You have to slow down. Way, way down. It sounds like you may be trying to do too much too fast (literally; your exercise choices are intense and high speed). The excruciating pain is a warning sign that you’re risking serious damage to your body. That the pain disappears almost immediately is a “thank you” message meant to convince you to slow down the exercise. It’s best to listen to your body when it’s giving you such clear signals, or you risk doing some long term damage.
I’ve been there as well. I understand the urge to push through the pain at almost any cost. For years I had to get in a hard workout every day (usually some form of chronic cardio) or else I’d feel like the day wasn’t complete. Mark, as you probably know, used to be like this too, and maybe that’s part of the reason we got along so well: we bonded over our mutual addiction to exercise. The only way I got over it was to just stop doing the things that took a real toll on my body. I stopped running. I stopped going to the gym every day. I started hiking a lot and making my intense workouts much shorter (and by extension more intense and less frequent) than before. And it was hard and I worried I was going to gain weight and lose my fitness level. I stuck with it, and when those things didn’t come to pass and my fitness and body improved if anything, I was over it for good (at least so far!).
When I look at the exercises you describe, I see a lot of redundancy. Jumping squats, burpees, upside down hopping Vs, tuck jumps, and that other exercise that involves bending over and jumping – they’re all very quad dominant and they all involve a ton of force applied to very specific tissues. Namely, your thighs. There’s some core and some other stuff being worked, but it’s a lot of jumping and landing. That will add up over time and it seems like it is adding up already. When you get back into intense movements, stick to one per workout. Don’t ramp up and throw all those exercises at your body in one workout. You’re probably still growing, and even if you aren’t and you are a full grown adult, that would still be a heavy load for your legs.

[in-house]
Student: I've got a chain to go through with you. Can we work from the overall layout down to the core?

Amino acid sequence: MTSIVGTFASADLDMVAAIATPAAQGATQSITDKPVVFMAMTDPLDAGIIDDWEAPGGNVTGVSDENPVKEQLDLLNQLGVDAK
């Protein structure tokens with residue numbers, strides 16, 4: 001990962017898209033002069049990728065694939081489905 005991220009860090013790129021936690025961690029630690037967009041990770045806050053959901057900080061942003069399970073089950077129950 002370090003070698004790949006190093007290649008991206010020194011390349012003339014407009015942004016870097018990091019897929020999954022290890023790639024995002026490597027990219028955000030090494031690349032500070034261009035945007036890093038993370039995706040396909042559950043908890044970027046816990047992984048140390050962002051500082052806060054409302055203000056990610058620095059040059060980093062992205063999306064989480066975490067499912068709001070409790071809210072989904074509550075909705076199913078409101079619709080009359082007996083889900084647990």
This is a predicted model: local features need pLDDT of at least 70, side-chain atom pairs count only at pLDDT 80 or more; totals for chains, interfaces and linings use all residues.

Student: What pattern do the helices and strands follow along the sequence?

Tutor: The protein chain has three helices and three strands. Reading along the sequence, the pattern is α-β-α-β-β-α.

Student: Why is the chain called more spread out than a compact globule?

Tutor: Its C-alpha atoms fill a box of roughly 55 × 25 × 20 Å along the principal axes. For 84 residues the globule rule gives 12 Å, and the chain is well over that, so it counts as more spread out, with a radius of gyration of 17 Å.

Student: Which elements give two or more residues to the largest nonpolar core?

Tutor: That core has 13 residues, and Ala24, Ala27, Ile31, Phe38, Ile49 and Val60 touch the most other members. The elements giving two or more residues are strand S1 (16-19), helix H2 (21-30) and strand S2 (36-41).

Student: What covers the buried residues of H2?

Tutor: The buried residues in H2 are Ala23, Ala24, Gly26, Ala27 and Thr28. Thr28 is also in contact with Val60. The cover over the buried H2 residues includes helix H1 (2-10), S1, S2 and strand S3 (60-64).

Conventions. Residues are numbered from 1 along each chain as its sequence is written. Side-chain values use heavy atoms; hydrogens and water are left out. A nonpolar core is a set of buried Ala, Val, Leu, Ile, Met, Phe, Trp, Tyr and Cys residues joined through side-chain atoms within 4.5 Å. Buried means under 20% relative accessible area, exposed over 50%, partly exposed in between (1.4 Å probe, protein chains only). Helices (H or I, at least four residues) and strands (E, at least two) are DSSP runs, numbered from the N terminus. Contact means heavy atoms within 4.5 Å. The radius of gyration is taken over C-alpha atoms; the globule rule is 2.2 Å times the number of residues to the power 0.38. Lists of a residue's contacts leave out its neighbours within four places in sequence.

Honestly, it comes down to the pain. If the pain is there, you’re doing something wrong and you need to rest.
So here’s what I would suggest:
- Stop the calisthenics for the foreseeable future.
- Use a foam roller before you train to help massage and release tight muscles. I use Trigger Point Performance Rollers by TPtherapy.com.
- Try a weekly yoga class for increased flexibility, increased muscle strength and tone and protection from injury. (I may do 2-4 classes a week.)
- So you don’t go crazy from inactivity, walk or hike a couple miles a day. Maybe even a couple more.
- After a weeklong rest, start some easy, slow strength training. Bodyweight movements are fine. Dumbbells or barbells too. Stick to compound, full-body movements. Twice a week to start.
- If you ever do go back to calisthenics, try box jumps. You still get the advantage of jumping as high as you can but you land on a box at the peak of your jump. This reduces the impact to your legs and joints. It’s easy to overdo box jumps, though, so be careful. Think quality and form over quantity. Note that it takes about 120 hours for your body to fully recover from box jumps (probably even longer for other, more stressful forms of calisthenics).
- Sprints once a week. I find sprints have been by far the most effective in toning my butt and thighs, sometimes I’ll do them twice a week. Sprint uphill to reduce the impact.
- Play! Find something you love doing, like a sport or any other physical activity that doesn’t involve repeating the same motion over and over again. (I love taking long beach walks and hikes with Mark!)
- If the pain persists, see a medical professional and/or physical therapist.
Good luck and be sure to write in if you need anything else!
Well, that’s it for this week, folks. Got any questions for me and Carrie? Ask away in the comment board, and we’ll try to answer them in future blog posts. Thanks for reading!